In other, slightly related news, Microsoft Office is finally in the process of becoming available on touch and mobile platforms. It turns out that one of their problems is being tightly coupled to an idiosyncratic interpretation of the Windows API, and it's a major engineering effort to rewrite Office to work even in Metro mode in Windows 8. Once that's done, though, everybody better watch out. That's another interesting thing to observe.

Wayne Borean

R I,

Microsoft Office on touch screens? That could really hurt Microsoft. Yes, not having it is hurting Microsoft, this is a lose/lose proposition. Microsoft's most profitable division is the one containing Office. Problem is you can't charge a hundred dollars for a touch screen office suite...


Sander van der Wal

@Earendil Star

It's Van der Wal. And do take note that I never said anything at all about how good or applicable WP was, or was not. My concern is about people saying that Maemo/MeeGo was OK. It was not. And not because Elop said so, but because I have been told by people I trust and who were verifiably familiar with the situation. And then there was the bugs database.

Compare that to a bung of nicknames on a blog for reliability. But as you might have your reasons not to reveal your own name, you can still reveal the sources that led you to believe that MeeGo was ready.


Nokia's strategy was to get lots of developers on board with the lure of Qt. They have been peddling that line starting in 2008. In 2011 it was clear that nobody was buying it. At that time it was well-known in the mobile developer community that iPhone apps brought in an order of magnitude more money that Symbian apps. Nokia had known about that in 2009, since they were asking developers about it.

Probably the MeeGo community did not know about that, not being able to release money-making apps. But everybody on Symbian, and also everybody on Palm and Windows Mobile, where very much aware of that fact.


@Sander van der Wal

> Those are not showstoppers. A showstopper in a phone would be for instance a call that is always disconnected after one minute.

So, I'm curious: what were the real showstoppers in N9???


@foo: "So, I'm curious: what were the real showstoppers in N9???"

From PR1.3, nothing. before that - well, there were "funny" issues here or there... :-)

But communit was always out there to help - and there were workarounds found usually. Not to mention anything else but the famous "// TODO: Uncomment when management makes up their minds" issue:

Is similar thing possible for iOS/WP or Android? Maybe yes, if QML gets traction there, too... :-)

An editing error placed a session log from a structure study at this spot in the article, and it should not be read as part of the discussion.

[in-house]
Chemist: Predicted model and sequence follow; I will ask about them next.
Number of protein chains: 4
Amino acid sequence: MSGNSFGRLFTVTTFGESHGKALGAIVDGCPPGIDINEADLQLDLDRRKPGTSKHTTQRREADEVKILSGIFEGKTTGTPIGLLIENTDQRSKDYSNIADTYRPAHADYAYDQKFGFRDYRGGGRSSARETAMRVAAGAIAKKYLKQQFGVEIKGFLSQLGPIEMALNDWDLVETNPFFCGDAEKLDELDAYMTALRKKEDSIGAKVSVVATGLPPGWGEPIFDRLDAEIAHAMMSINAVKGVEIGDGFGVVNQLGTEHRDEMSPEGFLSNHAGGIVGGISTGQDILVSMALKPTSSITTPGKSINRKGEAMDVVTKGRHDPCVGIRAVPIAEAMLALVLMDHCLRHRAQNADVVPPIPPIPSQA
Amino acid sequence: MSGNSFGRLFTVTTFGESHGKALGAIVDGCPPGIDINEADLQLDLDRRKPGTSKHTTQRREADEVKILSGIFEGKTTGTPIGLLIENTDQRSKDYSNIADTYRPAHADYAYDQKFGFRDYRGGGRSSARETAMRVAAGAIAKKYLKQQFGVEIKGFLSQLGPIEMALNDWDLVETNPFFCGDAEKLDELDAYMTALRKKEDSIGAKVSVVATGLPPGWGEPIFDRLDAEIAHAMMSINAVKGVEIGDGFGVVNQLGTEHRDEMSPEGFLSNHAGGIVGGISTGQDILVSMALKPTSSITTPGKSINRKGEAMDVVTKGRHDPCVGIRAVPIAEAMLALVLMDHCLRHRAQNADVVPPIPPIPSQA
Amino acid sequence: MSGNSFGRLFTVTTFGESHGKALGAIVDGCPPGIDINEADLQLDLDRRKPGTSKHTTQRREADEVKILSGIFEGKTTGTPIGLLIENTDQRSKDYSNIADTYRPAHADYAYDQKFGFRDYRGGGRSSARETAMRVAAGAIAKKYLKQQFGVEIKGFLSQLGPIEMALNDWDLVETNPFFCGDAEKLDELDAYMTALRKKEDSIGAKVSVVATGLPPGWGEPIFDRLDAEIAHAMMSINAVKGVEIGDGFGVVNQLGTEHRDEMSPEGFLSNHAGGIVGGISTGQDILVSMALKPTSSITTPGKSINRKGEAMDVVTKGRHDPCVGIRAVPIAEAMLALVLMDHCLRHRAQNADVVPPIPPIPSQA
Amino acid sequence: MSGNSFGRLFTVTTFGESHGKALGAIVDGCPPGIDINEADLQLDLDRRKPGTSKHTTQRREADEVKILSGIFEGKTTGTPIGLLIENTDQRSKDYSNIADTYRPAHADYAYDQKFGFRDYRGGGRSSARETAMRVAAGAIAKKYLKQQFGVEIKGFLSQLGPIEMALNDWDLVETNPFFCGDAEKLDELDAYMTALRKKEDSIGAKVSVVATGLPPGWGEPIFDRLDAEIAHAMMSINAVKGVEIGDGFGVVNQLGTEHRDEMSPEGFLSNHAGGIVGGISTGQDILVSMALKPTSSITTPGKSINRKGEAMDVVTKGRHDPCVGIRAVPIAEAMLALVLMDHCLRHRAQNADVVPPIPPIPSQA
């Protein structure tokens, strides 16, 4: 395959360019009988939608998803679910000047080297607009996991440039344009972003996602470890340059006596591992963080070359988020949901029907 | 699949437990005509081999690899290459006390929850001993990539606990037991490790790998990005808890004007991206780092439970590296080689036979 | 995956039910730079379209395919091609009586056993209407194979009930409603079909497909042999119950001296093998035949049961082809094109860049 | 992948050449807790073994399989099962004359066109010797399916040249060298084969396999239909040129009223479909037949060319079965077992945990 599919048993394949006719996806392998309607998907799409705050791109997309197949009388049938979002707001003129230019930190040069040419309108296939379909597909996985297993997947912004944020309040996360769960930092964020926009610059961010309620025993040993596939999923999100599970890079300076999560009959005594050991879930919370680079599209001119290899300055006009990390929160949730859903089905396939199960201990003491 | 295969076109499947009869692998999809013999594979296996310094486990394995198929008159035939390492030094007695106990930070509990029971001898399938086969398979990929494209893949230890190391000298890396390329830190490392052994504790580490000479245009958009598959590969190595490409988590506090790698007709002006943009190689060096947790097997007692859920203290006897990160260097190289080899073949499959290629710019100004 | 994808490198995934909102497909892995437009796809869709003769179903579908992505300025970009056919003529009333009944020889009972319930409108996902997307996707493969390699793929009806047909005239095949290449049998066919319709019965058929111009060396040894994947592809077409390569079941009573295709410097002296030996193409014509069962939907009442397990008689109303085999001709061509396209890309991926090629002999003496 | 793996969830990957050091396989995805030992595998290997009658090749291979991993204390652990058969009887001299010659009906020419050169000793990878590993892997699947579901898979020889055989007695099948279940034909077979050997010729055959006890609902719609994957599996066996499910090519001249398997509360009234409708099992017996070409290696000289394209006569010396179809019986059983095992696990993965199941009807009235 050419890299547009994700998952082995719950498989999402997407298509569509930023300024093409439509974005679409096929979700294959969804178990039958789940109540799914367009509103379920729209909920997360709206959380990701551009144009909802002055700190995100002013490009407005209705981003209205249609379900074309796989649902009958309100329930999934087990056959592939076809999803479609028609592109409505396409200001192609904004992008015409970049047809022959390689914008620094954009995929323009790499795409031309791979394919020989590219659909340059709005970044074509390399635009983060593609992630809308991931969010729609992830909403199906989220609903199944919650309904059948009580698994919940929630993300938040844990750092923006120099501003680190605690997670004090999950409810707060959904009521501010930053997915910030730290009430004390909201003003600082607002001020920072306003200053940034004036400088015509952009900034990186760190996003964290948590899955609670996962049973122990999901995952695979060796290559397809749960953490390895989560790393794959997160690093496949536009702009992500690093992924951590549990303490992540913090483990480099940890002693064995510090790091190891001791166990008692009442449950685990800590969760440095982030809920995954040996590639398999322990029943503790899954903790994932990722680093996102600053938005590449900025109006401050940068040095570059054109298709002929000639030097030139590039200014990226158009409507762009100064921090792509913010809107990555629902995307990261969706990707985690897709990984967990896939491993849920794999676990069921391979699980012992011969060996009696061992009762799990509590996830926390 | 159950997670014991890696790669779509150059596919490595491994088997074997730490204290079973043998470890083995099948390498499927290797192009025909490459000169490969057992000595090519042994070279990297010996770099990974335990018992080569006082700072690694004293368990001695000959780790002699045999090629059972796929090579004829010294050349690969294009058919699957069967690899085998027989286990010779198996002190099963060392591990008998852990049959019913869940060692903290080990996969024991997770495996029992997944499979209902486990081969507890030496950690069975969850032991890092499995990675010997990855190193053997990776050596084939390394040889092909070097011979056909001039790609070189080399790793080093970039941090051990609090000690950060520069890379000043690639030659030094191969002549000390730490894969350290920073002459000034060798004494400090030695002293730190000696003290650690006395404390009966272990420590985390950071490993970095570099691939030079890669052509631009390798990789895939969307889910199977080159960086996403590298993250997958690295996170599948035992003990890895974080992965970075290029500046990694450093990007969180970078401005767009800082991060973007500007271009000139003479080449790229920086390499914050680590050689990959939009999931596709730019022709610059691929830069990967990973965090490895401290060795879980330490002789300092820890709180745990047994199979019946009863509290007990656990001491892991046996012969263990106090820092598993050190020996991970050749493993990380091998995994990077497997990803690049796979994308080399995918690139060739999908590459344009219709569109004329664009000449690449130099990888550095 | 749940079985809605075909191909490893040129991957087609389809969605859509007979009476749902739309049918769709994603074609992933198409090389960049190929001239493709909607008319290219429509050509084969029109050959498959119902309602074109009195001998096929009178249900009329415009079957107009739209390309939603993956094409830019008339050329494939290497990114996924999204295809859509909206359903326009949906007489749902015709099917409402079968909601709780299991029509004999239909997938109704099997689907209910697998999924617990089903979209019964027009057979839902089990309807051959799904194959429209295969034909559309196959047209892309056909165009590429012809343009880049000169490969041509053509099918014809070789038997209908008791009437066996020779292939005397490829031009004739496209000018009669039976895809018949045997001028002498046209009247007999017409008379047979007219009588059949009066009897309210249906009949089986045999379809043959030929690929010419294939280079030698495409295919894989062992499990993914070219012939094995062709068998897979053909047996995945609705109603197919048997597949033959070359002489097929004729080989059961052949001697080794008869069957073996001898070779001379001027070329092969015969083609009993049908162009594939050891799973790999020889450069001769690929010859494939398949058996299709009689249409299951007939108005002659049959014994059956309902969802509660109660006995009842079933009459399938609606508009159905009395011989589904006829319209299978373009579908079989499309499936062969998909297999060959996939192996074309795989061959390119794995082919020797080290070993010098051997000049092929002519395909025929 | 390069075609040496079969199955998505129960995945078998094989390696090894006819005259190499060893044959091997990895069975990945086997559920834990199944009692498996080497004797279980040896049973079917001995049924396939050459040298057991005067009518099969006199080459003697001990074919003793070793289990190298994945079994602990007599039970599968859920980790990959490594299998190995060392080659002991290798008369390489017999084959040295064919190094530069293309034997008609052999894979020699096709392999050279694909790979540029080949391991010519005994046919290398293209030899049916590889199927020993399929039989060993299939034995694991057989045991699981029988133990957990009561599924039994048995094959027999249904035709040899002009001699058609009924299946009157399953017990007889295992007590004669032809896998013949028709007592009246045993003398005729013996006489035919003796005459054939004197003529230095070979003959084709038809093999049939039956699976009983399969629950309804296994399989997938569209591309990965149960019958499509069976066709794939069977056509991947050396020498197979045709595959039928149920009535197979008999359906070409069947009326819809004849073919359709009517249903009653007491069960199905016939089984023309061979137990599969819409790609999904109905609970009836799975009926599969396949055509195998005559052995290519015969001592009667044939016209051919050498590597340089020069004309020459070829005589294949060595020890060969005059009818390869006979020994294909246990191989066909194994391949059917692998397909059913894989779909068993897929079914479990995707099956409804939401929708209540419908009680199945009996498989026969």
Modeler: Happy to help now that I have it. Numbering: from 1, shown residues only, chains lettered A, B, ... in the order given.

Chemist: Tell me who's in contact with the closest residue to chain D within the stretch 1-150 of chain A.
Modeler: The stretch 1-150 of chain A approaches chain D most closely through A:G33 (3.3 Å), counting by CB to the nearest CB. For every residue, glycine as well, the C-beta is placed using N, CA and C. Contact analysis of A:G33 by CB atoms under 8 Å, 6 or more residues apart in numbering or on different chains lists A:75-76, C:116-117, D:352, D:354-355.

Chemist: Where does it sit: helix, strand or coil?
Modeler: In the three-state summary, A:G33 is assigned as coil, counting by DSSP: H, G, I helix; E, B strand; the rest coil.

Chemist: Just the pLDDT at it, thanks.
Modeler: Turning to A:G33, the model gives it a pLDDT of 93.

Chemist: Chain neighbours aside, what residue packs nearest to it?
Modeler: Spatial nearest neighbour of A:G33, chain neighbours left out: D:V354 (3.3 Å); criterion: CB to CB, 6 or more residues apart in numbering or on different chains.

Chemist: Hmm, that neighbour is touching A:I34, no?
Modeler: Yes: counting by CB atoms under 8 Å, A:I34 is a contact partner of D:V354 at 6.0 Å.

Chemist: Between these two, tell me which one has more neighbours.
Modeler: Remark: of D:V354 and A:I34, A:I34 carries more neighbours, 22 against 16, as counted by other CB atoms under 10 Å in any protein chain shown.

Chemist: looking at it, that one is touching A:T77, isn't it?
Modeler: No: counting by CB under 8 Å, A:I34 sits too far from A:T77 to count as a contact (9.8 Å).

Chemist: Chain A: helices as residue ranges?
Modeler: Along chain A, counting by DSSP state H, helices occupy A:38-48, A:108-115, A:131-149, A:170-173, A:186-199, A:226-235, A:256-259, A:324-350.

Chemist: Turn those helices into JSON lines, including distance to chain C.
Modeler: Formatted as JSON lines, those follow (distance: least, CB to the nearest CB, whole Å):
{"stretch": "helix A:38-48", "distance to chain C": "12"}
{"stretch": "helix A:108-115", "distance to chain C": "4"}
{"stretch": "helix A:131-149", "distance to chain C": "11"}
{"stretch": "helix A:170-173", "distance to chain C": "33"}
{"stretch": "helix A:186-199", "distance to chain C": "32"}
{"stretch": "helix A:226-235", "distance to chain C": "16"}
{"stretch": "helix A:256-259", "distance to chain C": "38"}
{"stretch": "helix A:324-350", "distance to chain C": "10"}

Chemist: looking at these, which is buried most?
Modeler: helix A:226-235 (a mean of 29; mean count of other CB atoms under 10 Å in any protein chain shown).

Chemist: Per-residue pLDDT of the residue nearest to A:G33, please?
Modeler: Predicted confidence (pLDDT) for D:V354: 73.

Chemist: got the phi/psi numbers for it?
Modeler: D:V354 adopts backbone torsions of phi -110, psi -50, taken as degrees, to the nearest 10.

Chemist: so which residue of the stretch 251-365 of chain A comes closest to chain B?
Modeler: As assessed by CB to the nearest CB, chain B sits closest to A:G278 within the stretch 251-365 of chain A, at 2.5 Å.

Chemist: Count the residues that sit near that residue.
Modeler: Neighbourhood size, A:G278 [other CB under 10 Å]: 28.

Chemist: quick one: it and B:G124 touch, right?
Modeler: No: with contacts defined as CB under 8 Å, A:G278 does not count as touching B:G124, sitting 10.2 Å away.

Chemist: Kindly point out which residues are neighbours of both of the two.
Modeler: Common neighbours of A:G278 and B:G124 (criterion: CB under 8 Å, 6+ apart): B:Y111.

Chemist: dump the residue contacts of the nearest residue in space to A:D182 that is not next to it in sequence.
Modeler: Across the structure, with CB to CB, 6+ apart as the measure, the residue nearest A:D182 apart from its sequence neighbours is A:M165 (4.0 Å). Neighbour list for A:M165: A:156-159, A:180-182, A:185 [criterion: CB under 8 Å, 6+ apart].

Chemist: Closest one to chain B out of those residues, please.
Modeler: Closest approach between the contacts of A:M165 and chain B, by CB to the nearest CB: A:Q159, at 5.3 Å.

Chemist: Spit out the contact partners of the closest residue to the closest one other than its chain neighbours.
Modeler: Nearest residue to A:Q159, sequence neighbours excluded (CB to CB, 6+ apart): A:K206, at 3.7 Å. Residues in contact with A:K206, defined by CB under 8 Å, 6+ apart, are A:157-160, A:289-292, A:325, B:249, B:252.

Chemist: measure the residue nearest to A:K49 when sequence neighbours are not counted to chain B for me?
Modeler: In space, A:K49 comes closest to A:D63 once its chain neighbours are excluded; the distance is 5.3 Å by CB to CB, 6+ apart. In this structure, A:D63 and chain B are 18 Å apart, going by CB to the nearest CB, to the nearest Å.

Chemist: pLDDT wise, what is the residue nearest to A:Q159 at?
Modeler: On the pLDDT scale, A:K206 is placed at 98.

In the embedded Linux world, device drivers are often obtained from hardware vendors, not operating system vendors. And MeeGo had a full phone stack and working user interface. Claiming that MeeGo is not open source is like claiming that OpenWrt is not open source because Fonera made their commercial FON with proprietary bits on top of it.

Glenn David

I don't know what's going to be future of Nokia X as Microsoft is soon going to take Nokia under it but its a very late attempt from Nokia, i must say! N9 was a superb phone, no doubt!


How about the bundled skype with free calls to landlines and mobiles for a month? How will that affect Nokia X sales?


@Sander van der Wal
It is very simple: The N9 proves that Meego was ready. If it would not have been ready, there would have been complains after it was released that you cannot make a call, or it crashes all the time, or whatever. But (ignoring minor issues) it worked great and got really, really good reviews. No interpretation of a bug data base or hearsay from people you trust can change the simple fact which can easily be verified by reading reviews from that time.

We also had developers from Nokia speaking out in public:


N9 proves nothing. It simply proves that Nokia can put out a Maemo phone with a swipe UI and call it Meego. It also proves that Nokia could put out another phone with no apps. Another phone with no ecosystem support. Another inch phone that only appeals to geeky open source guys.


Where are the Meego devices from ALL the other Meego players (Intel, China Mobile, etc)?

Similarly where are the Tizen phones - which were Meego enhanced?

Nowhere. These geeky open source projects always go nowhere.

It takes a Google, an Apple, a Microsoft, an Amazon to put out a mobile computer OS/Ecosystem that has even a half a chance. Nokia can't do it even in a million years. Intel can't do it. Samsung can't do it. DoCoMo can't do it.

Why can't you get this through your head?

The N9 may be a nice device. The BB N10/Q10 is a nice device. But no one wants to buy them because they have no apps and no ecosystem.

What percentage of people in the world do you think want to go to forum to find, compile and side load apps and fixes to their phones.

Get a grip with reality.

You bought the "Meego is the Future" sucker line and lost. Move on.

Sander van der Wal


I do not know. When I looked into that database the N9 was not yet announced. And secondly, the database did not cover models, only software releases. What I have seen of the bugs in there correlated just fine with the business week article that describes why Elop killed MeeGo: too many bugs, and the number wasn't going down over time.

Point is, you van always release a device that has no showstoppers. Just remove the functionality that doesn't work. So the only proof that releasing a given device offers is that Nokia was able to create the N9. Apart from that it doesn't prove anything more. Not that meeGo was ready, and also not that MeeGo was seriously broken. For that one needs much better evidence. Which is the bugs database and the info my sources told me.